Executive summary about Motorcycle Clothing by Paul Searle
Surrey County Council has teamed up with the local Police force to remind bikers of the need for adequate motorcycle clothing UK when out riding. Around three-quarters of the motorcycle accidents in Surrey involve collision with another vehicle, Inspector Chris Colley from Surrey's Roads Policing Unit told the Epsom Guardian.
Triumph Motorcycles Ltd
Triumph Motorcycles Ltd. is the largest surviving British motorcycle manufacturer. When the Triumph Engineering Co Ltd went into receivership in 1983, John Bloor bought the name and manufacturing rights from the Official Receiver. The new company continued Triumph's record of motorcycle production since 1902.
The new company's manufacturing plant and its designs were not able to compete against the Japanese so Bloor decided against relaunching Triumph immediately, set to work assembling the new Triumph, hiring several of the group's former designers to begin work on new models. By 1987, the company had completed its first engine.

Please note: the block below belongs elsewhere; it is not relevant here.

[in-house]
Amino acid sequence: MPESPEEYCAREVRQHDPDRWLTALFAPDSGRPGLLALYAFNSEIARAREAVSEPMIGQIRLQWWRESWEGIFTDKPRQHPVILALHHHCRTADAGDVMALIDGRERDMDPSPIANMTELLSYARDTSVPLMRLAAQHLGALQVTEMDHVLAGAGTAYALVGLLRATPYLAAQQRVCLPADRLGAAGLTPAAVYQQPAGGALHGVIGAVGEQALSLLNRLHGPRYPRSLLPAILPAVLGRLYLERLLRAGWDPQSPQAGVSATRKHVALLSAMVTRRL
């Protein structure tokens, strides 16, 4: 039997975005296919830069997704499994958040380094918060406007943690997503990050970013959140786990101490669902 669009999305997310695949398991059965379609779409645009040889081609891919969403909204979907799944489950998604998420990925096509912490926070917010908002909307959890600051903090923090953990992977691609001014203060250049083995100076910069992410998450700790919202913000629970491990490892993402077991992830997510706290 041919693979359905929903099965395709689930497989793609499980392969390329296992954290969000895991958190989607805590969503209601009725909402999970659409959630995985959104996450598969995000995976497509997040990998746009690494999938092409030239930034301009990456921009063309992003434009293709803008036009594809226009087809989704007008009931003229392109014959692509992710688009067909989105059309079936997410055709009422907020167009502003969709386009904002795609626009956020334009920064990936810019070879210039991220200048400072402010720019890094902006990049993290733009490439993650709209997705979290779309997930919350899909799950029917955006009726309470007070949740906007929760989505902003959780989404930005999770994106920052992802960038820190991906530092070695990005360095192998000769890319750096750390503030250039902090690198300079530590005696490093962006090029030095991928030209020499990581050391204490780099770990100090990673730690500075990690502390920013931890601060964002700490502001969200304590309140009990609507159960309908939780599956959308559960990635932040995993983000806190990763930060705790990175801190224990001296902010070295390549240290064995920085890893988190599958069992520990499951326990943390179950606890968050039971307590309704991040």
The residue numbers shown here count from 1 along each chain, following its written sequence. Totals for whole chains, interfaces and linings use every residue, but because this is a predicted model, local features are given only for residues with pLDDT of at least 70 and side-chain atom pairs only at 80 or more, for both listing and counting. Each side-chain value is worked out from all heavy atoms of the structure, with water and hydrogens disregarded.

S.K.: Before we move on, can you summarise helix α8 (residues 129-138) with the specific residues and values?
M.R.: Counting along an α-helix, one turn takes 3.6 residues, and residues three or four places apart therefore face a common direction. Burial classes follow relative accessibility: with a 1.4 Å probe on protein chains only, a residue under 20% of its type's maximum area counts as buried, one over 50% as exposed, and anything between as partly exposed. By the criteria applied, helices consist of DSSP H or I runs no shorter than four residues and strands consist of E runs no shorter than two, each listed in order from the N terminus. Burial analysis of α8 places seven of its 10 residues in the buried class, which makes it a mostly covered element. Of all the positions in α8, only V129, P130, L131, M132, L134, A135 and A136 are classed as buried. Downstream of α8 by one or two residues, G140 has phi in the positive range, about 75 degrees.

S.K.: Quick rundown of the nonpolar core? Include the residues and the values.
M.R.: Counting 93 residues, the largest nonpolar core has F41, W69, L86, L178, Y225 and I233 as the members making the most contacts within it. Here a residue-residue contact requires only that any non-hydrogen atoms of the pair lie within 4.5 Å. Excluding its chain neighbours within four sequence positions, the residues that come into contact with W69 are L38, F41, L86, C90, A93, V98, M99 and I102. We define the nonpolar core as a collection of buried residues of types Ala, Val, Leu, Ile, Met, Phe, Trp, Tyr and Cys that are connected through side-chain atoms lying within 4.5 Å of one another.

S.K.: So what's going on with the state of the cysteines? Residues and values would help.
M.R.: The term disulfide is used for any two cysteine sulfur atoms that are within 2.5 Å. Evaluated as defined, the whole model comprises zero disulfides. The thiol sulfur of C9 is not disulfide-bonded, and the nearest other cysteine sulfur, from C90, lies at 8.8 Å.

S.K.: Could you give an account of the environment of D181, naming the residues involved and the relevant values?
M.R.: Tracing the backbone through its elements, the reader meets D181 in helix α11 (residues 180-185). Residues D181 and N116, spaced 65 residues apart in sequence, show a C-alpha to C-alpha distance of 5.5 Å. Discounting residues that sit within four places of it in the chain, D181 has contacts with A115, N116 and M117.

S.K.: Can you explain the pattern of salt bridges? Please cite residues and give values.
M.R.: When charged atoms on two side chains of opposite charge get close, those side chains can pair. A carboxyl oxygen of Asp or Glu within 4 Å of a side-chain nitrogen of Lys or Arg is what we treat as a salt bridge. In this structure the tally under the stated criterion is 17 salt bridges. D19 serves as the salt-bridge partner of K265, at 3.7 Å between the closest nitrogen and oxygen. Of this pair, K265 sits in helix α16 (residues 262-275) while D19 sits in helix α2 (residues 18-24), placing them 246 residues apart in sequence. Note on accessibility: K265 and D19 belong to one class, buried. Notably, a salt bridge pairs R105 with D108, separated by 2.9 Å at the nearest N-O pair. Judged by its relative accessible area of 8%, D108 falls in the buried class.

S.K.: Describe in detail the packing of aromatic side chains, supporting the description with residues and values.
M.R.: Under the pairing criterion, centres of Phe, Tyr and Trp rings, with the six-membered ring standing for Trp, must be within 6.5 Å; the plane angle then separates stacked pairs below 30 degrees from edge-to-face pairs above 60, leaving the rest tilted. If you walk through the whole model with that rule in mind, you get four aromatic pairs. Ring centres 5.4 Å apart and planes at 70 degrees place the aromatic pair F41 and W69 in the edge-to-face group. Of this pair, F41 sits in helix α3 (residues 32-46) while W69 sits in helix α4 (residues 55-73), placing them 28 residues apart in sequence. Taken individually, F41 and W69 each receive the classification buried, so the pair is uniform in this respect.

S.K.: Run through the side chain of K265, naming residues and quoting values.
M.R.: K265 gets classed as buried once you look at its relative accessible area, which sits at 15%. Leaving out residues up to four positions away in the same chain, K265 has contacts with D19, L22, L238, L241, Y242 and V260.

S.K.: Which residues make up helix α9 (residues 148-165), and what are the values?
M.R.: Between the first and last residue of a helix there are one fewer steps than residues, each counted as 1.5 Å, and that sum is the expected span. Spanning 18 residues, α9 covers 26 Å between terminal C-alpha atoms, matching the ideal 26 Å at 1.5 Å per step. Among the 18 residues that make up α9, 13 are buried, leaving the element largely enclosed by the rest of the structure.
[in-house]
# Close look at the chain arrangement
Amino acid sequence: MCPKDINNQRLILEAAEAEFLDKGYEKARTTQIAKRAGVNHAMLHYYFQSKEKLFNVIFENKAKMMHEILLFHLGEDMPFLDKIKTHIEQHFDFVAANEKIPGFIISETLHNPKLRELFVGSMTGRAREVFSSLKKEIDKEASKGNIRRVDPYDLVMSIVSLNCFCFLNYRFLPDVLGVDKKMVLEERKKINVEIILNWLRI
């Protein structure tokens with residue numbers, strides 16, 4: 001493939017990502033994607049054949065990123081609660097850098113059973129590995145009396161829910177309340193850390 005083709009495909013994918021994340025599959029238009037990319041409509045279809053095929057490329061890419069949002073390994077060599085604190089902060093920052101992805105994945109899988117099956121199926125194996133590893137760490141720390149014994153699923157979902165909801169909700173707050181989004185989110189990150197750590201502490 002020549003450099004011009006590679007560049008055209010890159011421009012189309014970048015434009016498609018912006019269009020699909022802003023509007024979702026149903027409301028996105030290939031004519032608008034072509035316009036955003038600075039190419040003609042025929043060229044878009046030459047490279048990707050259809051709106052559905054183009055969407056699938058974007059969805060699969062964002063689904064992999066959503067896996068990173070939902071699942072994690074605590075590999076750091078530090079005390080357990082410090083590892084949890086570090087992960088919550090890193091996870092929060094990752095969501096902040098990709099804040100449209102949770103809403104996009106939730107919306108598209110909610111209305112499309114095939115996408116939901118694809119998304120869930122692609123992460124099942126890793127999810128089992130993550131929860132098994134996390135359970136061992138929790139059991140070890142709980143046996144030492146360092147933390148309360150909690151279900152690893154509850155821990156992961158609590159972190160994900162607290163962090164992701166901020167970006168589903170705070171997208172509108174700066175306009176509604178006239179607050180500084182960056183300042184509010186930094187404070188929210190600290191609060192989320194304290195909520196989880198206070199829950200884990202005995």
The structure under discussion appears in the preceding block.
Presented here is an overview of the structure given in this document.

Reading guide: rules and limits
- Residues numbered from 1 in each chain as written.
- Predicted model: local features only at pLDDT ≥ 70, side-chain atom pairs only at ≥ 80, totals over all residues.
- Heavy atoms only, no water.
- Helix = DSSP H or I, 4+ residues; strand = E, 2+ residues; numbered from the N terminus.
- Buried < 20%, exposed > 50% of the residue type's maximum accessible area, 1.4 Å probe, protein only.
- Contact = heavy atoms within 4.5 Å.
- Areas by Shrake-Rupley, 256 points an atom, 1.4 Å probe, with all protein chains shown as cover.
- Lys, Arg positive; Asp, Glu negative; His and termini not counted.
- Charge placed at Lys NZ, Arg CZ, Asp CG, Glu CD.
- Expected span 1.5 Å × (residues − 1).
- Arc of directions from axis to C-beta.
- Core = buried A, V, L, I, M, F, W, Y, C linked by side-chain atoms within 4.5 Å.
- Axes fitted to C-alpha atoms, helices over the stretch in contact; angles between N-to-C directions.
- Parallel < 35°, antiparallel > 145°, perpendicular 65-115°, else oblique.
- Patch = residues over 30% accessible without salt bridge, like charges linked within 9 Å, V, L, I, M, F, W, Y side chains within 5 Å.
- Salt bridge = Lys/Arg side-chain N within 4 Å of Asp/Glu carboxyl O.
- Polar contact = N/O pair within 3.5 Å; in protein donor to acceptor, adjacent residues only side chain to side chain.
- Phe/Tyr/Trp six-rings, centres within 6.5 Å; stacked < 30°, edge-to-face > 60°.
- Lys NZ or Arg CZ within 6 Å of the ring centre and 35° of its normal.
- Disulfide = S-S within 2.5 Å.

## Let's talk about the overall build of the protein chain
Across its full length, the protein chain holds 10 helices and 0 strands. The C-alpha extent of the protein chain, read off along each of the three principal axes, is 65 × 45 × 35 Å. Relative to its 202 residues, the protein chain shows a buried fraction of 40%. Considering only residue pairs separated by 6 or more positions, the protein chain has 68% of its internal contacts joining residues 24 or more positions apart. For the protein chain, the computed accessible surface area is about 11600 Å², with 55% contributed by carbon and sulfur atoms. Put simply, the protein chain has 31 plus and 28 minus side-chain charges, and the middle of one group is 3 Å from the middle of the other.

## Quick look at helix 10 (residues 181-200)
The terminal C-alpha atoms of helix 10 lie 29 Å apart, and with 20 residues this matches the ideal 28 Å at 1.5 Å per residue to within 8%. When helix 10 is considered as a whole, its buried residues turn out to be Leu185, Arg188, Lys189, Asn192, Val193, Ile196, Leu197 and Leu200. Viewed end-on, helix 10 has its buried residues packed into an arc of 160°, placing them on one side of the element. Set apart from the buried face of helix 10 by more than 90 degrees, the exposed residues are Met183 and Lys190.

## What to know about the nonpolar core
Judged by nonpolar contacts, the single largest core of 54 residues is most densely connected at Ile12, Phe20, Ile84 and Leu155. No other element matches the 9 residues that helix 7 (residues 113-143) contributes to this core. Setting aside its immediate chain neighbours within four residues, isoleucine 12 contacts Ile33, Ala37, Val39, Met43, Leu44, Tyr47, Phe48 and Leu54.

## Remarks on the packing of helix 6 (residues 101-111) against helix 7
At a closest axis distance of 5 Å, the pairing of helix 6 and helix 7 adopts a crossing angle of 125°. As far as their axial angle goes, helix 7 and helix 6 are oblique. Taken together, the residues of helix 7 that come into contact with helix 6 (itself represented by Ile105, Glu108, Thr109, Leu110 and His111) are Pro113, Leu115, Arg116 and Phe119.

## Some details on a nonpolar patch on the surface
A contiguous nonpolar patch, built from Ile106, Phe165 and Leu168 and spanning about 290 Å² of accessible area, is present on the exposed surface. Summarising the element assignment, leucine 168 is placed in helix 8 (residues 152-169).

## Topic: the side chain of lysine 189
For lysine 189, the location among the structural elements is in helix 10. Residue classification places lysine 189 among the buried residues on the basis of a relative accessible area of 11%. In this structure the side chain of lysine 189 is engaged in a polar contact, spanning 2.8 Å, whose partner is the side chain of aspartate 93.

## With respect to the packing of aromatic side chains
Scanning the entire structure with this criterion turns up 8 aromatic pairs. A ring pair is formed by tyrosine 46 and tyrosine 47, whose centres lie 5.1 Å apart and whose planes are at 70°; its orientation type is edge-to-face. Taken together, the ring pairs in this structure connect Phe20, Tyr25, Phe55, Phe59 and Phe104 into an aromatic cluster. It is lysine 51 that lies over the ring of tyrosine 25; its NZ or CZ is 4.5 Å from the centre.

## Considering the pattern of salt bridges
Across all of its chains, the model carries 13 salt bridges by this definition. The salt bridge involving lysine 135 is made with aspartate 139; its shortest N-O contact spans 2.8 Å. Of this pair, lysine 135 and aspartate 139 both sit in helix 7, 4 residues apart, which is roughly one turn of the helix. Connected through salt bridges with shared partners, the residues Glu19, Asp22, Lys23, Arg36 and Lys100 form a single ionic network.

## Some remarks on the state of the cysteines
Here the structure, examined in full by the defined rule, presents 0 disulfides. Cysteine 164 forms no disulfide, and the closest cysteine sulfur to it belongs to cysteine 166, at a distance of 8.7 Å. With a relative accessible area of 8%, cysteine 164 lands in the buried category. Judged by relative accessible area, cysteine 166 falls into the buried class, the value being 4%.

As sales built, the big fours were phased out of the lineup and parallel twins and triples became the marketing and development focus of Triumph's marketing strategy. Triumph also decided to exploit demand for retro motorcycles with modern engineering.
For their contemporary range, the triple is Hinckley Triumph's trademark, filling a niche between European and American twins and four cylinder Japanese machinery. Triumph's best selling bike is the 675 cc Street Triple.
In 1994 Bloor created Triumph Motorcycles America Ltd. Triumph made a commercial decision to design all their own motorcycle clothing rather than license other producers.
Furthermore, in 2003, Triumph opened a new manufacturing facility in Thailand. In September 2008, Triumph announced that they were expanding their Thailand factory to increase capacity to over 130,000 motorcycles.
The Triumph Group announced sales of 37,400 units in the financial year ending 30 June 2006. Company turnover rose 13% to £200 million, but net profit remained static at around £10.3 million due to recent investment in production facilities.
On 21 July 2008, Triumph held a Global Dealer Conference where new models for 2009 were launched, including the official announcement of the parallel twin-cylinder Triumph Thunderbird 1600.